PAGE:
I love weird stuff. And every so often, it’s so weird that I have to spend a morning on it here.
That’s how we’ve ended up with columns on the infamous “Boaty McBoatface.” Or on the man who solved nearly 7,000 Rubik’s Cubes in 24 hours. Or on the friend who loves to wrap a “hippity hop” ball in lights and lower it from a rope to celebrate the New Year. You know, the stuff that keeps the world interesting.
Well, we’re back in Rubik’s territory today. Not quantity this time, but quality. I’d say it’s a real eye-opener, but that would be singularly inappropriate in this case.
You see, today’s weird and wonderful accomplishment comes from an Australian teen who set a new Rubik’s Cube speed record … for solving it while blindfolded.
In 12.1 seconds to be exact.
Now I don’t know about you, but I couldn’t do a 12-second solve with my eyes open. Even if you let me “solve” it by peeling off all the colored stickers and putting them back on again so they matched.
To be fair, Charlie Eggins’ first reaction, according to Guinness, was also “I still can’t believe it!” And that’s after he’d done about 25,000 practice solves.
But maybe I shouldn’t be so startled. Maybe none of us should be.
After all, we try to do the same thing every day. Only we’re taking on something harder than Rubik’s Cubes.
We’re trying to solve people.
We like to think we know our family, our friends, the folks around us. Even with complete strangers, we’re usually pretty comfortable in our rules of thumb … after all, they can’t be that different from us, can they? Even one of our most fundamental rules – “do unto others as you would have them do unto you” – takes as its first assumption that others want what you want.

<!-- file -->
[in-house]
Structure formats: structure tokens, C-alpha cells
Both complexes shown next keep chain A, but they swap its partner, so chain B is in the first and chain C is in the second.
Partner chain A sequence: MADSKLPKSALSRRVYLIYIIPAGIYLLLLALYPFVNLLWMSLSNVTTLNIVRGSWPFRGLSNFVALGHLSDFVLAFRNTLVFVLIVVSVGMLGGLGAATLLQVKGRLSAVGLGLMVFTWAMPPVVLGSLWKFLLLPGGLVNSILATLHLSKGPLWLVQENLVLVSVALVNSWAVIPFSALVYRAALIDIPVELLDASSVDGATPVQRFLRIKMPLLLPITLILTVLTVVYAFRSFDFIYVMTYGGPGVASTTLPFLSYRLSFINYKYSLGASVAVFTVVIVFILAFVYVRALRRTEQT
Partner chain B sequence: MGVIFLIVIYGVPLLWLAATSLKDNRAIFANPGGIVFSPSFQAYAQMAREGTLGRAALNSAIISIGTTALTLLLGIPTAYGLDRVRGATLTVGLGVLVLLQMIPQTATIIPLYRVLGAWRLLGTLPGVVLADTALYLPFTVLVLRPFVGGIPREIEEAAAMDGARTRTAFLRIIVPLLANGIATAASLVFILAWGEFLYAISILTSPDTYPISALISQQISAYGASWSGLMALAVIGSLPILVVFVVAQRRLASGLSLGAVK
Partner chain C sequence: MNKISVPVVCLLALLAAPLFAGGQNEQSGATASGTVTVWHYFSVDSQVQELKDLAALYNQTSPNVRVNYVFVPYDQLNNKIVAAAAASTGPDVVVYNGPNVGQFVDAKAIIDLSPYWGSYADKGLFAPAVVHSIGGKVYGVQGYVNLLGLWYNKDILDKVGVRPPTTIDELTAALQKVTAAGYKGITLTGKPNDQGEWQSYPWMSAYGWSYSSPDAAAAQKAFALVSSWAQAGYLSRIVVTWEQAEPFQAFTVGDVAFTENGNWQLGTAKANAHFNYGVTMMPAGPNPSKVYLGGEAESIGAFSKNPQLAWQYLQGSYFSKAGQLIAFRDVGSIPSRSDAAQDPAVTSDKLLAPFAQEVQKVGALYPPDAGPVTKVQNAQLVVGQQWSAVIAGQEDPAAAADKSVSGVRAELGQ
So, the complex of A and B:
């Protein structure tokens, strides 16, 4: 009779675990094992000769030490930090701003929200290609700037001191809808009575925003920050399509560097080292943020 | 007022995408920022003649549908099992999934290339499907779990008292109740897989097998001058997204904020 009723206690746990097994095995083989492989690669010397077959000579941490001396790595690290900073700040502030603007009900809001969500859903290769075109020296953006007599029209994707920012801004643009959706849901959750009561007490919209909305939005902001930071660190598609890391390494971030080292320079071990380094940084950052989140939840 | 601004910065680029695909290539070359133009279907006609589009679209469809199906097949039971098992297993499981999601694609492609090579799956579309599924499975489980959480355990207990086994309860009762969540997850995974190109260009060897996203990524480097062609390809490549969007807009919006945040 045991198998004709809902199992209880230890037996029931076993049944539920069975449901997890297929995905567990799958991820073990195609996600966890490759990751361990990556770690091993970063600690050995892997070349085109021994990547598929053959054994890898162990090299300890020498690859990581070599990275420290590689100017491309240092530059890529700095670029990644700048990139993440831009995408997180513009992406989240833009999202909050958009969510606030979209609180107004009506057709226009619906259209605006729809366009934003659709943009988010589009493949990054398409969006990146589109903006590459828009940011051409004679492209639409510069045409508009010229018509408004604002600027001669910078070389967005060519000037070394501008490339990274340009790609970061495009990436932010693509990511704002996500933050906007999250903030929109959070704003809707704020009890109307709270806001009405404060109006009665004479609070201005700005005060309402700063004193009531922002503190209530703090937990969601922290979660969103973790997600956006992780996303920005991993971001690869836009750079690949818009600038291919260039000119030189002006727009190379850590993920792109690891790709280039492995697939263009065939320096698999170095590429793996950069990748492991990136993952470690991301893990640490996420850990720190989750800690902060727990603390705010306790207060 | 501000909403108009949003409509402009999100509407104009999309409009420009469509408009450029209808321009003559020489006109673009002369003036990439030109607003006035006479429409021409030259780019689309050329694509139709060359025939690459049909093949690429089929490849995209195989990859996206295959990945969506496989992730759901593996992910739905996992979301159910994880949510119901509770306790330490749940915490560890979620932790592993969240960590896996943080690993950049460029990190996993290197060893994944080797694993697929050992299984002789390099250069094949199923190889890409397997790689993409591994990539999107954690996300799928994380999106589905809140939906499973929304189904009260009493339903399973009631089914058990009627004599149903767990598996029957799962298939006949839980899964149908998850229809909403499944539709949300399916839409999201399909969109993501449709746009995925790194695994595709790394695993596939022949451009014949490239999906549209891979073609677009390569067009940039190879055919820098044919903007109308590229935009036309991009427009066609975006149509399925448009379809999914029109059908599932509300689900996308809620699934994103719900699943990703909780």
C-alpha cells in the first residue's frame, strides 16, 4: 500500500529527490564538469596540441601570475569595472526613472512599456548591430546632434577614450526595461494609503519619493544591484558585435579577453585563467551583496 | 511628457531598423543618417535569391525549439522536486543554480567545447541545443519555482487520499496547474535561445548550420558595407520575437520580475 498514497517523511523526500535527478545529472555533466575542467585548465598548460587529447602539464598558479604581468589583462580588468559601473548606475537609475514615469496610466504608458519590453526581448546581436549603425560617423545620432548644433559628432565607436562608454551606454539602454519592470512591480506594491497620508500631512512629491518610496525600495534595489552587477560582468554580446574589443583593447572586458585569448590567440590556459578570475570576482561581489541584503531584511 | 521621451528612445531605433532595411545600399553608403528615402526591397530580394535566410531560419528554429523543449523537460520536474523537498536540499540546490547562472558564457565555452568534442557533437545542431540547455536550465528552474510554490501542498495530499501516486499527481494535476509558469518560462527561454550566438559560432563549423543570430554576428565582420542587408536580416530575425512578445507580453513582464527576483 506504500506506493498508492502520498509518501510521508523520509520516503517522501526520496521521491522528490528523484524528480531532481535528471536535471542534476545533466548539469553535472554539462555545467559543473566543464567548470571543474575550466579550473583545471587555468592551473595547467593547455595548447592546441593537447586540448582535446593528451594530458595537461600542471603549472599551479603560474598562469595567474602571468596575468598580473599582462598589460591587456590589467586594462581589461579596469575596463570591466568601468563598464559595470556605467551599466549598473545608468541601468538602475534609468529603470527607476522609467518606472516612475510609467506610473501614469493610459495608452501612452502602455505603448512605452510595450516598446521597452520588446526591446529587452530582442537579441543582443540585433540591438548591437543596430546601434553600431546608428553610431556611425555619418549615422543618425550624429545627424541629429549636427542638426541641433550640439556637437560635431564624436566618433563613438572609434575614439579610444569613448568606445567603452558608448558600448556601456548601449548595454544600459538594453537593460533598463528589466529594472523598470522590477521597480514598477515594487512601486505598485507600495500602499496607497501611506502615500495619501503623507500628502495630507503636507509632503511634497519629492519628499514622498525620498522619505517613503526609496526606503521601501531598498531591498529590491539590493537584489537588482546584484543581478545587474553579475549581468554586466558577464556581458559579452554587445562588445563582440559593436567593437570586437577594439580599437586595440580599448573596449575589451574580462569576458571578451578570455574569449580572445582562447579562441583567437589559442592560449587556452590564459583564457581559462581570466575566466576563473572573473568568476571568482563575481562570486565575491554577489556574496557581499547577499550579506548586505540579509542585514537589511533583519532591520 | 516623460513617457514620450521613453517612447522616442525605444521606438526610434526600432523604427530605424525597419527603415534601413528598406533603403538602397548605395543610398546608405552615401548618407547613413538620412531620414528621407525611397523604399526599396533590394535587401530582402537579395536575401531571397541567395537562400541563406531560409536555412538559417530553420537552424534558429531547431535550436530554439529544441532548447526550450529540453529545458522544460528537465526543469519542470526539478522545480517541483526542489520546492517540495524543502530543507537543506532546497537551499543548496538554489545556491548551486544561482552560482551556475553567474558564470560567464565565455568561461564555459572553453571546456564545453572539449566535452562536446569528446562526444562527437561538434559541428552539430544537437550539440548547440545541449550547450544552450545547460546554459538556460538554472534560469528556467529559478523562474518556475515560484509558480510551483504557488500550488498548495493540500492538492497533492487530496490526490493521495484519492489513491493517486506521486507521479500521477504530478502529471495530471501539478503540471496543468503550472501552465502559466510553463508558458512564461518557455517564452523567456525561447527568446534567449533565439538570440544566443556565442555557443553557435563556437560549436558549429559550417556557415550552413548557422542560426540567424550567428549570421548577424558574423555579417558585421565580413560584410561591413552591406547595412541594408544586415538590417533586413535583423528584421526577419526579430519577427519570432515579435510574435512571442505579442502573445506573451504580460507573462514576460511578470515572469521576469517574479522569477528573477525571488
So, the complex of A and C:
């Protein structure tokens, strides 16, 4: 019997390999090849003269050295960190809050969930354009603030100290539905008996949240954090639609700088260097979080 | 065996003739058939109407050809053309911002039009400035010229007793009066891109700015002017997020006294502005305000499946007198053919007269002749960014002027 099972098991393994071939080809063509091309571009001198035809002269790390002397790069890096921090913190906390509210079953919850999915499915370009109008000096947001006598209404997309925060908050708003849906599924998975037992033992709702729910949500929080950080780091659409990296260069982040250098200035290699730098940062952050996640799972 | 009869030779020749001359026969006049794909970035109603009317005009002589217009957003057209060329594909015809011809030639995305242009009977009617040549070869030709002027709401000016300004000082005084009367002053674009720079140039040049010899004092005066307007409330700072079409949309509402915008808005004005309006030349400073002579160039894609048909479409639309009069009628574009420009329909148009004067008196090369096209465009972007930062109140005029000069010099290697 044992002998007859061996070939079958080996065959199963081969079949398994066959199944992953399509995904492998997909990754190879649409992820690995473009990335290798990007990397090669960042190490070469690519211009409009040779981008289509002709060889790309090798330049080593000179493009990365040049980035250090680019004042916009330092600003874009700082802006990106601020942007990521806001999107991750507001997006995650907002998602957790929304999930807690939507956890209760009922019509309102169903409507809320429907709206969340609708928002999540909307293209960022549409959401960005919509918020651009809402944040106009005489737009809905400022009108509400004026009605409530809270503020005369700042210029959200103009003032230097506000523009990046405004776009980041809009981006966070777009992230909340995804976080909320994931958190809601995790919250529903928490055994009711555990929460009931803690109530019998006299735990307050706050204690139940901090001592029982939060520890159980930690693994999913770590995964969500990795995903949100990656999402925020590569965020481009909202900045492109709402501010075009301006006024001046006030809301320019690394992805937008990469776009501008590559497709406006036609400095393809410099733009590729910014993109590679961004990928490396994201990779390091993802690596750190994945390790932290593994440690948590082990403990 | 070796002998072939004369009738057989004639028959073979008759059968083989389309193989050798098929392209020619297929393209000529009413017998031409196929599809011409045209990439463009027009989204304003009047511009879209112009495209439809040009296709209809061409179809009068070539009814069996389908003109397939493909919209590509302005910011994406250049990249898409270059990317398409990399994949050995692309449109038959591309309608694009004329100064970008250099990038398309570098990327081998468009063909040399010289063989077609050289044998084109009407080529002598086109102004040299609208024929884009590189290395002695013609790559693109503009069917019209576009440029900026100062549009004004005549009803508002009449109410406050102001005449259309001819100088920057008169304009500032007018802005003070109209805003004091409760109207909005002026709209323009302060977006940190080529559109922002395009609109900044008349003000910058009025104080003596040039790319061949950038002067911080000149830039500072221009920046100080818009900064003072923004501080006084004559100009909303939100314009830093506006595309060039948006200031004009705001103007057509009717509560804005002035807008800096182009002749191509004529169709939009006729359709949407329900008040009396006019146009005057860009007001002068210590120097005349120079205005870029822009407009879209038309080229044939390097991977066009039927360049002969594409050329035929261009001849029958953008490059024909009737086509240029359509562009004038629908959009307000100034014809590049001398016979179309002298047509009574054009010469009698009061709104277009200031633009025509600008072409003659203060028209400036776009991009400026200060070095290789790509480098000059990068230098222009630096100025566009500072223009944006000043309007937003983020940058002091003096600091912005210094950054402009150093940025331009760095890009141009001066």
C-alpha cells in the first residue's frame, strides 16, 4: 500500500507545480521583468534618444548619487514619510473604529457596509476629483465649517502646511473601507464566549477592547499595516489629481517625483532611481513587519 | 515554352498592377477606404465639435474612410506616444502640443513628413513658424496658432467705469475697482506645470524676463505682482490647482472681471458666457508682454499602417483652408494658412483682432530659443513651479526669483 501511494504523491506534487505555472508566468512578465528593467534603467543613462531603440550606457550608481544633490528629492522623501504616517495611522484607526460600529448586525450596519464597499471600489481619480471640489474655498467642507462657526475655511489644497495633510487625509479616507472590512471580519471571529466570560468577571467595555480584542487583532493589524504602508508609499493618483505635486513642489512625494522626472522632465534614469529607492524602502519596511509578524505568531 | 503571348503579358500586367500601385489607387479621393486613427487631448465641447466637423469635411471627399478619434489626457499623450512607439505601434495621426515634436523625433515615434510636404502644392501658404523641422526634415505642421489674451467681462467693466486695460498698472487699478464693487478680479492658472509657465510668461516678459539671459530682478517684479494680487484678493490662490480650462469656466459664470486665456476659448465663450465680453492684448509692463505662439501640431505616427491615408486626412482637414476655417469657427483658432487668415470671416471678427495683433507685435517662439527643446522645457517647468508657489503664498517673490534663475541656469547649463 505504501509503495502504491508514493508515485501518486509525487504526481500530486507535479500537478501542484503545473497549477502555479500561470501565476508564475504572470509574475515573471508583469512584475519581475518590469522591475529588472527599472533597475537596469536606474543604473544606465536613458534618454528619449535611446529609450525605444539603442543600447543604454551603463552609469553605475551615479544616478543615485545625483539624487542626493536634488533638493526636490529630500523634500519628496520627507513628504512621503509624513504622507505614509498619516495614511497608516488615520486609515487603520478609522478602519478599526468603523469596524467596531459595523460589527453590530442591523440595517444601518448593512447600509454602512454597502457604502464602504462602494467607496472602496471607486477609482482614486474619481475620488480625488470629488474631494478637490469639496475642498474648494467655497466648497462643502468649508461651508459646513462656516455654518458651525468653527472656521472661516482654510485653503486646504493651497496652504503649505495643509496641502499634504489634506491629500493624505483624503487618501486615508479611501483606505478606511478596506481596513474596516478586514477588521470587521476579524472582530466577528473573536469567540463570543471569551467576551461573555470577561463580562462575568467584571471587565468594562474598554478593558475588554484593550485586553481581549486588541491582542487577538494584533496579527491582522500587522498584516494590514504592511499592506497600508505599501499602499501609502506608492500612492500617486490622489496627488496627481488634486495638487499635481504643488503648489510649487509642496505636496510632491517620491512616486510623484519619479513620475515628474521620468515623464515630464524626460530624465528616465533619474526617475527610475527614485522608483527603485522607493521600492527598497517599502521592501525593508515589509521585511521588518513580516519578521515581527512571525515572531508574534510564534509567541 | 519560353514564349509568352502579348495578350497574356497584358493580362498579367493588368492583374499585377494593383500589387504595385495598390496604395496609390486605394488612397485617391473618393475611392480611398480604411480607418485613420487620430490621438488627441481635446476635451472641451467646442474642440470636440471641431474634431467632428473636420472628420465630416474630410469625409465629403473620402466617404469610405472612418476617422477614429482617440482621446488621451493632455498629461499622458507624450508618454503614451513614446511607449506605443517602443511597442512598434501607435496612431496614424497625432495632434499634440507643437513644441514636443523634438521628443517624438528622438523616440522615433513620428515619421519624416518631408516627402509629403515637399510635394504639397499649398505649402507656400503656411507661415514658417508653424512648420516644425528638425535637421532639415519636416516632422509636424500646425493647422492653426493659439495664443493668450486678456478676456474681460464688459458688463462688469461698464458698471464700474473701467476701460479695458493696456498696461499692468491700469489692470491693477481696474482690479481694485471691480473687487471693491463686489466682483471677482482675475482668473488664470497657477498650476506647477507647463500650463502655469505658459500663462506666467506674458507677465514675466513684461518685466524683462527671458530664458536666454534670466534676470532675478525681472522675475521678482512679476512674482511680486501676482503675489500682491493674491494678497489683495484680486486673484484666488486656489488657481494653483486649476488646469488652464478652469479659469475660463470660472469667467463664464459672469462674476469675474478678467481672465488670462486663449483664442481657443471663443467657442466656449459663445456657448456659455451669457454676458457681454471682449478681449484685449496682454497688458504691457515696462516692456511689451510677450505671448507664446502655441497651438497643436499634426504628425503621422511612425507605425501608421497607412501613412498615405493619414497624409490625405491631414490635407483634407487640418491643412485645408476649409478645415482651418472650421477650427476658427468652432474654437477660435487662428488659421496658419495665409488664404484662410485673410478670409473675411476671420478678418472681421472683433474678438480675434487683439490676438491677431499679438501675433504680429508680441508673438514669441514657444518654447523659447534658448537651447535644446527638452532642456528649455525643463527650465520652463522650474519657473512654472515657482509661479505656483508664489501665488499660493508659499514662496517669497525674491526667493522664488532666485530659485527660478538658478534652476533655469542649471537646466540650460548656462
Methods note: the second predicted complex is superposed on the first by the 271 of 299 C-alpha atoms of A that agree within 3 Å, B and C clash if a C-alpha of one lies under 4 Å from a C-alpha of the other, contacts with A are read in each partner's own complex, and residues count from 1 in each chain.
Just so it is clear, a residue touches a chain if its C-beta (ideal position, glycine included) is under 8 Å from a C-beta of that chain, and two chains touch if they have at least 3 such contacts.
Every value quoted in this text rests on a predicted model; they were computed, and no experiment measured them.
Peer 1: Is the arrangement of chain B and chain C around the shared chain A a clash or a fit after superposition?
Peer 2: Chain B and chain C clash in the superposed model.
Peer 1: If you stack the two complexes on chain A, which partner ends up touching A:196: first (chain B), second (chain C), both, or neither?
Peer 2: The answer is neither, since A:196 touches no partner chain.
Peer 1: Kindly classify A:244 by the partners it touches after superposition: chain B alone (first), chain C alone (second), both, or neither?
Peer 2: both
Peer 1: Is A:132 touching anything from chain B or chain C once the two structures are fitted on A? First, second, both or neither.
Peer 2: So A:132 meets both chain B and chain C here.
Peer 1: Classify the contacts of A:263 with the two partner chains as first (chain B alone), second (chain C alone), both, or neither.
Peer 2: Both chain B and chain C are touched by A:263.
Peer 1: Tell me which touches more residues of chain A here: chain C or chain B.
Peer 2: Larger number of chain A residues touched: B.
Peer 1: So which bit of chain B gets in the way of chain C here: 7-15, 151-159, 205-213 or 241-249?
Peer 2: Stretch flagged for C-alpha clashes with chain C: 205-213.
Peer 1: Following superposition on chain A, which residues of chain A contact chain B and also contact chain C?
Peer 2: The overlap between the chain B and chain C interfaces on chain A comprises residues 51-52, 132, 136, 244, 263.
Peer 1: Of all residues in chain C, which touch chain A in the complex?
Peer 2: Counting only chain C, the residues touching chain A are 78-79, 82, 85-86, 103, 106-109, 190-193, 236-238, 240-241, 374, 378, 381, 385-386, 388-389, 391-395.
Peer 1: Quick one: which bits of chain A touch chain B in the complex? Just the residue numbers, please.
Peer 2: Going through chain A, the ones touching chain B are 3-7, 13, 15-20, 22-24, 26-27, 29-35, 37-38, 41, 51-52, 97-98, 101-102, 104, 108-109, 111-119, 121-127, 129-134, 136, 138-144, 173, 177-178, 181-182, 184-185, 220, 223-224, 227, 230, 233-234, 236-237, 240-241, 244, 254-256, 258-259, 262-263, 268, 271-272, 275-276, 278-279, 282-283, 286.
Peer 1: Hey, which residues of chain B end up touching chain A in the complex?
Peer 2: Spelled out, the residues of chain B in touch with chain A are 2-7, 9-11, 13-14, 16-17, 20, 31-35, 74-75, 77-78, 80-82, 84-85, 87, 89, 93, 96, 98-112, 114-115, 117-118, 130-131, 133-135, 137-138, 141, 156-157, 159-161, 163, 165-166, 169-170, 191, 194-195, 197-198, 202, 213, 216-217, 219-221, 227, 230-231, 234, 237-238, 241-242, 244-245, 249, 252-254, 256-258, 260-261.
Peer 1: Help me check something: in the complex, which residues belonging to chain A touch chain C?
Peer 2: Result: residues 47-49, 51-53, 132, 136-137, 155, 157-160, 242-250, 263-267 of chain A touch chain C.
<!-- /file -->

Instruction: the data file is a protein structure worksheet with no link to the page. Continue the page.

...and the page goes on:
That’s not a bad starting point. It’s certainly better than seeing the “other” as a danger to be feared. But every so often – more than every so often – we run into the limits of it and have to reassess.
It could be minor, like discovering their indifference to a movie “everyone” knows. (“What do you mean, you’ve never seen Star Wars?”) It could be something more fundamental in their beliefs, their upbringing, the way they see the world.
Big or small, earthshaking or trivial, we suddenly find something that brings us up short and makes us think instead of react. In that moment, we get new eyes: toward the other person, the world, even ourselves.
Like a number of literature geeks, I’ve been reading Emily Wilson’s new translation of “The Iliad” lately. (I’d offer you my copy but, well, beware of geeks bearing gifts.) There’s a moment early on where the fierce warrior Diomedes is briefly given the ability to recognize the gods on the battlefield , even when they’re invisible or shape-shifted. Able to see who’s receiving special help, he fights more effectively than ever, even wounding Aphrodite when she tries to protect one of her favored warriors.
Clear vision can produce amazing results.
But like Eggins, we won’t solve anything if we’re not willing to come to grips with it.
We may be working in the dark. But if we’re at least trying to understand, we’ve taken the first step. (A step too few take, judging by the headlines.) We may get it wrong. We may fumble and stumble and misunderstand. But if we make the effort, and recognize the attempts of others to do the same with us, we’ll get there eventually … even if it isn’t in 12.1 seconds.
And that’s pretty weird and wonderful in itself.